Visual Pleasure and Narrative Cinema  

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This page Visual Pleasure and Narrative Cinema is part of the visual culture series.Théatre de Besançon, interior view by Claude Nicolas Ledoux
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This page Visual Pleasure and Narrative Cinema is part of the visual culture series.
Théatre de Besançon, interior view by Claude Nicolas Ledoux
This page Visual Pleasure and Narrative Cinema is part of the male gaze series.Venus at the Opera (1844) by Grandville
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This page Visual Pleasure and Narrative Cinema is part of the male gaze series.
Venus at the Opera (1844) by Grandville

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Visual Pleasure and Narrative Cinema is a feminist film essay by British academic Laura Mulvey, written in 1973 and first published in 1975. It elaborates on the male gaze in film and in visual culture in general. Key terms in its vocabulary are lack, castration, fetishism, voyeurism, gaze and scopophilia.

Contents

Analysis

The first line of the second paragraph sets the tone:

"The paradox of phallocentrism in all its manifestations is that it depends on the image of the castrated woman to give order and meaning to its world. An idea of woman stands as lynch pin to the system: it is her lack that produces the phallus as a symbolic presence, it is her desire to make good the lack that the phallus signifies. "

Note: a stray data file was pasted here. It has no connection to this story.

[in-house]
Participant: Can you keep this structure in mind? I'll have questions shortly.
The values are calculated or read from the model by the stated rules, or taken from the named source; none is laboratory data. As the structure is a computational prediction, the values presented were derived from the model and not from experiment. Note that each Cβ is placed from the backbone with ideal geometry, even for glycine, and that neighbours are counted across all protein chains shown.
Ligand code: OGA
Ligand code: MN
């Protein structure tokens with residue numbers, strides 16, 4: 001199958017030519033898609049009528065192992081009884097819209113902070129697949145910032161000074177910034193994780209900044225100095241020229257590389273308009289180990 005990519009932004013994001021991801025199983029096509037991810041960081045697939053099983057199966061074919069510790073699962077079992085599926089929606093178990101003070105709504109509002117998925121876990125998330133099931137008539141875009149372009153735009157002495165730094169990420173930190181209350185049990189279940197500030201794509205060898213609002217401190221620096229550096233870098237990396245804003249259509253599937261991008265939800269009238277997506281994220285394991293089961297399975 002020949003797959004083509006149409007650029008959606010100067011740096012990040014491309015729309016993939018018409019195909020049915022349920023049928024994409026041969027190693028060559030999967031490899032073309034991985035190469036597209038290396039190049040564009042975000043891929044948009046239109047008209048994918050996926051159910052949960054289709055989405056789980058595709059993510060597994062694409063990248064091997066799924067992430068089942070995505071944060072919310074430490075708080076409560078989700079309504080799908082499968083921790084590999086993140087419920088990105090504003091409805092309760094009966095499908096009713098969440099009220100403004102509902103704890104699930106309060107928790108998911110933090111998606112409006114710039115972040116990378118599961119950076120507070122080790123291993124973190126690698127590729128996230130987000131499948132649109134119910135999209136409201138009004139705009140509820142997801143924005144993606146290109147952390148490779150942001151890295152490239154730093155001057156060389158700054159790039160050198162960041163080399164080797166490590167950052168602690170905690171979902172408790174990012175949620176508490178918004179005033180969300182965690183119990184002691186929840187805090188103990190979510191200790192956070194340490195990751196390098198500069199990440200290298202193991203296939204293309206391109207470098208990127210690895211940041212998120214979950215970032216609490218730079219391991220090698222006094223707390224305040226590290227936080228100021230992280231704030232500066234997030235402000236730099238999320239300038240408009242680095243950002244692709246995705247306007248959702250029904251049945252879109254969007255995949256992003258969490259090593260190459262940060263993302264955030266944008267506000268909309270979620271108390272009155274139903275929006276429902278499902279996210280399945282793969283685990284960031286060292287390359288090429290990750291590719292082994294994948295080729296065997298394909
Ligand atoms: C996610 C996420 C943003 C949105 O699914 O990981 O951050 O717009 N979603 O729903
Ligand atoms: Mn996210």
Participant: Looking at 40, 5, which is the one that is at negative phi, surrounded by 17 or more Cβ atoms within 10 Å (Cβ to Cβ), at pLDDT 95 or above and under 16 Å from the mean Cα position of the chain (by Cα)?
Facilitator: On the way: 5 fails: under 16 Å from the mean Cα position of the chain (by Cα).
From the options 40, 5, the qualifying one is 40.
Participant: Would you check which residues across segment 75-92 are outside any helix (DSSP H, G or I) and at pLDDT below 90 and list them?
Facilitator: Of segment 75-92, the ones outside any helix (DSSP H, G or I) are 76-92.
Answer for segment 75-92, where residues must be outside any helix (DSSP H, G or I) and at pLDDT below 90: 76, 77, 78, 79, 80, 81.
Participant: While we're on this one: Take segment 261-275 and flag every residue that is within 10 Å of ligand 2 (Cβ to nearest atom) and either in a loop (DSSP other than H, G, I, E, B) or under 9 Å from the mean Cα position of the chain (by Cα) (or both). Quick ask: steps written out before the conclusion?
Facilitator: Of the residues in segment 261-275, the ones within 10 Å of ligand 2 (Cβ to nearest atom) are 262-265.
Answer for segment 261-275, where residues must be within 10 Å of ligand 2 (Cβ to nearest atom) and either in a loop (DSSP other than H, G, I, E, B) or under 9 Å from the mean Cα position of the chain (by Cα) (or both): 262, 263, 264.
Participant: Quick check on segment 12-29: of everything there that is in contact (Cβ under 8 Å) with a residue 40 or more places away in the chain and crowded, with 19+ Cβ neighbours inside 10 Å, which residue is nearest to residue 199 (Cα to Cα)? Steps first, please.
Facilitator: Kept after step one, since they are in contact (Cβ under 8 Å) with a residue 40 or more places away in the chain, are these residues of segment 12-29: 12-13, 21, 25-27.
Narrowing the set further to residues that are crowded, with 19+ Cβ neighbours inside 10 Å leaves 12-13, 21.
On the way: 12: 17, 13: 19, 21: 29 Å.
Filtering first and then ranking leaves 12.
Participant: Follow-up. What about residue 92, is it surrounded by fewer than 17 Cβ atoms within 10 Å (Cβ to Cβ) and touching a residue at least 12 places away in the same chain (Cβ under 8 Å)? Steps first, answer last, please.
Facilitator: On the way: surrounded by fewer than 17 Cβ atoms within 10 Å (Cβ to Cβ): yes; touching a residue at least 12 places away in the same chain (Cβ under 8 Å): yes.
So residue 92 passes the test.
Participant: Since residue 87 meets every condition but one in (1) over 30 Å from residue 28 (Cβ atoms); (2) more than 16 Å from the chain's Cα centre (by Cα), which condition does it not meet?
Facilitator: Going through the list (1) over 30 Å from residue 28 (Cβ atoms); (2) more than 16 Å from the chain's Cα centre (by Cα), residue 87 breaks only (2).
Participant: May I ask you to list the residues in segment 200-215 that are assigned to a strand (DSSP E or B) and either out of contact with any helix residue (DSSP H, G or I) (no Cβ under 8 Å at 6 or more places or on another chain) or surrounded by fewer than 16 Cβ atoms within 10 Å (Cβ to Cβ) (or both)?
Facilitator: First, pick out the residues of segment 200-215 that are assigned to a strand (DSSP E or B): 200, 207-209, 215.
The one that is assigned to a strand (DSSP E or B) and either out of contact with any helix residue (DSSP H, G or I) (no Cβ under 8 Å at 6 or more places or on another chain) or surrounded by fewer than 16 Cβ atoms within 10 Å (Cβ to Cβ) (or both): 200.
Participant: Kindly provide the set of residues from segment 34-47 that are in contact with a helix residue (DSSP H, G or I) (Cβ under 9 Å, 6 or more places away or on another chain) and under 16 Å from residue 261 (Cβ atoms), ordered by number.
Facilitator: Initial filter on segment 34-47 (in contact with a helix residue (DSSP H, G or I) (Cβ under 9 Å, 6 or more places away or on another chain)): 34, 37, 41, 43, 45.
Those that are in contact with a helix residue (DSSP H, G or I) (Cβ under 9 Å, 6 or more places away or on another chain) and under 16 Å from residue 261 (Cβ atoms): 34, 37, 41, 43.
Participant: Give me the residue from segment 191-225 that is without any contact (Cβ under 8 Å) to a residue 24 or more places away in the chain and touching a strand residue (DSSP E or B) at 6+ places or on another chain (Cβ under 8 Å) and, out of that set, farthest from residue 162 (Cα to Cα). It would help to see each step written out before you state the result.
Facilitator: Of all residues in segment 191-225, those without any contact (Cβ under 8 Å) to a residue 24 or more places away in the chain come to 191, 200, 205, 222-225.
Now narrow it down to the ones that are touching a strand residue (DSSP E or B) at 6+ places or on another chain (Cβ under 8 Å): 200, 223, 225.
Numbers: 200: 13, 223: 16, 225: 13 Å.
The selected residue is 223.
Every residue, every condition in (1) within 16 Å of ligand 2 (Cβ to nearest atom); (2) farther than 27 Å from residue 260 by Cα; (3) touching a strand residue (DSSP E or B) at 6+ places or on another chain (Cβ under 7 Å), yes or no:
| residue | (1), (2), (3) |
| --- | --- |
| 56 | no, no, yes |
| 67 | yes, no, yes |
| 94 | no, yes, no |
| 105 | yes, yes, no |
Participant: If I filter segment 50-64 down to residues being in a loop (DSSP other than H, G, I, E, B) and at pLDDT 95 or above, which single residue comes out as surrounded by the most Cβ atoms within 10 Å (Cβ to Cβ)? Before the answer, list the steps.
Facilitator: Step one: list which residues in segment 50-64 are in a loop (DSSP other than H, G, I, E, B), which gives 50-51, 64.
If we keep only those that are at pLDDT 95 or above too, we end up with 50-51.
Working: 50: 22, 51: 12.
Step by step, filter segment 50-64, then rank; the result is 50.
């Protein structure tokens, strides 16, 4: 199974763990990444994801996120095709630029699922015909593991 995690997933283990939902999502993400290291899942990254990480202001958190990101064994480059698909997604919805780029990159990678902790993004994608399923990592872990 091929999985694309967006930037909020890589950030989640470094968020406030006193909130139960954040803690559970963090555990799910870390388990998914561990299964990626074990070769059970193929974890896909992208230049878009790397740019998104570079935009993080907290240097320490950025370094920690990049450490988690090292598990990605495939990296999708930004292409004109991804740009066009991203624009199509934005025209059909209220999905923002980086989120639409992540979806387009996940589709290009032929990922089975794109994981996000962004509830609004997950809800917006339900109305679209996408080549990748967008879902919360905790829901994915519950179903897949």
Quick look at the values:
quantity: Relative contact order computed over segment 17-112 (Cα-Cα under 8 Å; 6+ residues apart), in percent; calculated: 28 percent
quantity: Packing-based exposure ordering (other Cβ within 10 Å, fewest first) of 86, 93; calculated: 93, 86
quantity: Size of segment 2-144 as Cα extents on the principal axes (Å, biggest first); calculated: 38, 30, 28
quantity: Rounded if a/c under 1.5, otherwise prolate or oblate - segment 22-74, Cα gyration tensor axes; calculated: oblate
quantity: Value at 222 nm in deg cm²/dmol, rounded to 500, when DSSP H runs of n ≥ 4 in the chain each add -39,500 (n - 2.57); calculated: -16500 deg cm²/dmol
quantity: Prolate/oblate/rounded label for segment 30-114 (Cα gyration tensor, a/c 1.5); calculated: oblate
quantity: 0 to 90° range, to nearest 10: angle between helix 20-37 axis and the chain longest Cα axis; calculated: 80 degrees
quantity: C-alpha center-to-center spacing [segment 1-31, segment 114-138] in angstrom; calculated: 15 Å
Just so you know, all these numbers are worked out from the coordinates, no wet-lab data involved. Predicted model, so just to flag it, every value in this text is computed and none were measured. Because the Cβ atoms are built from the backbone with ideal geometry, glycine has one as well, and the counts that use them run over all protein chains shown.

Other telling soundbites are:

"Sadism demands a story, depends on making something happen, forcing a change in another person, a battle of will and strength, victory/defeat."

and

"The presence of woman is an indispensable element of spectacle in normal narrative film, yet her visual presence tends to work against the development of a story line, to freeze the flow of action in moments of erotic contemplation."

Importance

Mulvey's article was one of the first major essays that helped shift the orientation of film theory towards a psychoanalytic framework, influenced by the theories of Sigmund Freud and Jacques Lacan. Prior to Mulvey, film theorists such as Jean-Louis Baudry and Christian Metz had attempted to use psychoanalytic ideas in their theoretical accounts of the cinema, but Mulvey's contribution was to inaugurate the intersection of film theory, psychoanalysis, and feminism.

Rationale

Mulvey's article engaged in no empirical research of film audiences. She instead stated that she intended to make a "political use" of Freud and Lacan, and then used some of their concepts to argue that the cinematic apparatus of classical Hollywood cinema inevitably put the spectator in a masculine subject position, with the figure of the woman on screen as the object of desire. In the era of classical Hollywood cinema, viewers were encouraged to identify with the protagonist of the film, who tended to be a man. Meanwhile, Hollywood female characters of the 1950s and 60s were, according to Mulvey, coded with "to-be-looked-at-ness." Mulvey suggests that there were two distinct modes of the male gaze of this era: "voyeuristic" (i.e. seeing women as 'madonnas') and "fetishistic" (i.e. seeing women as 'whores').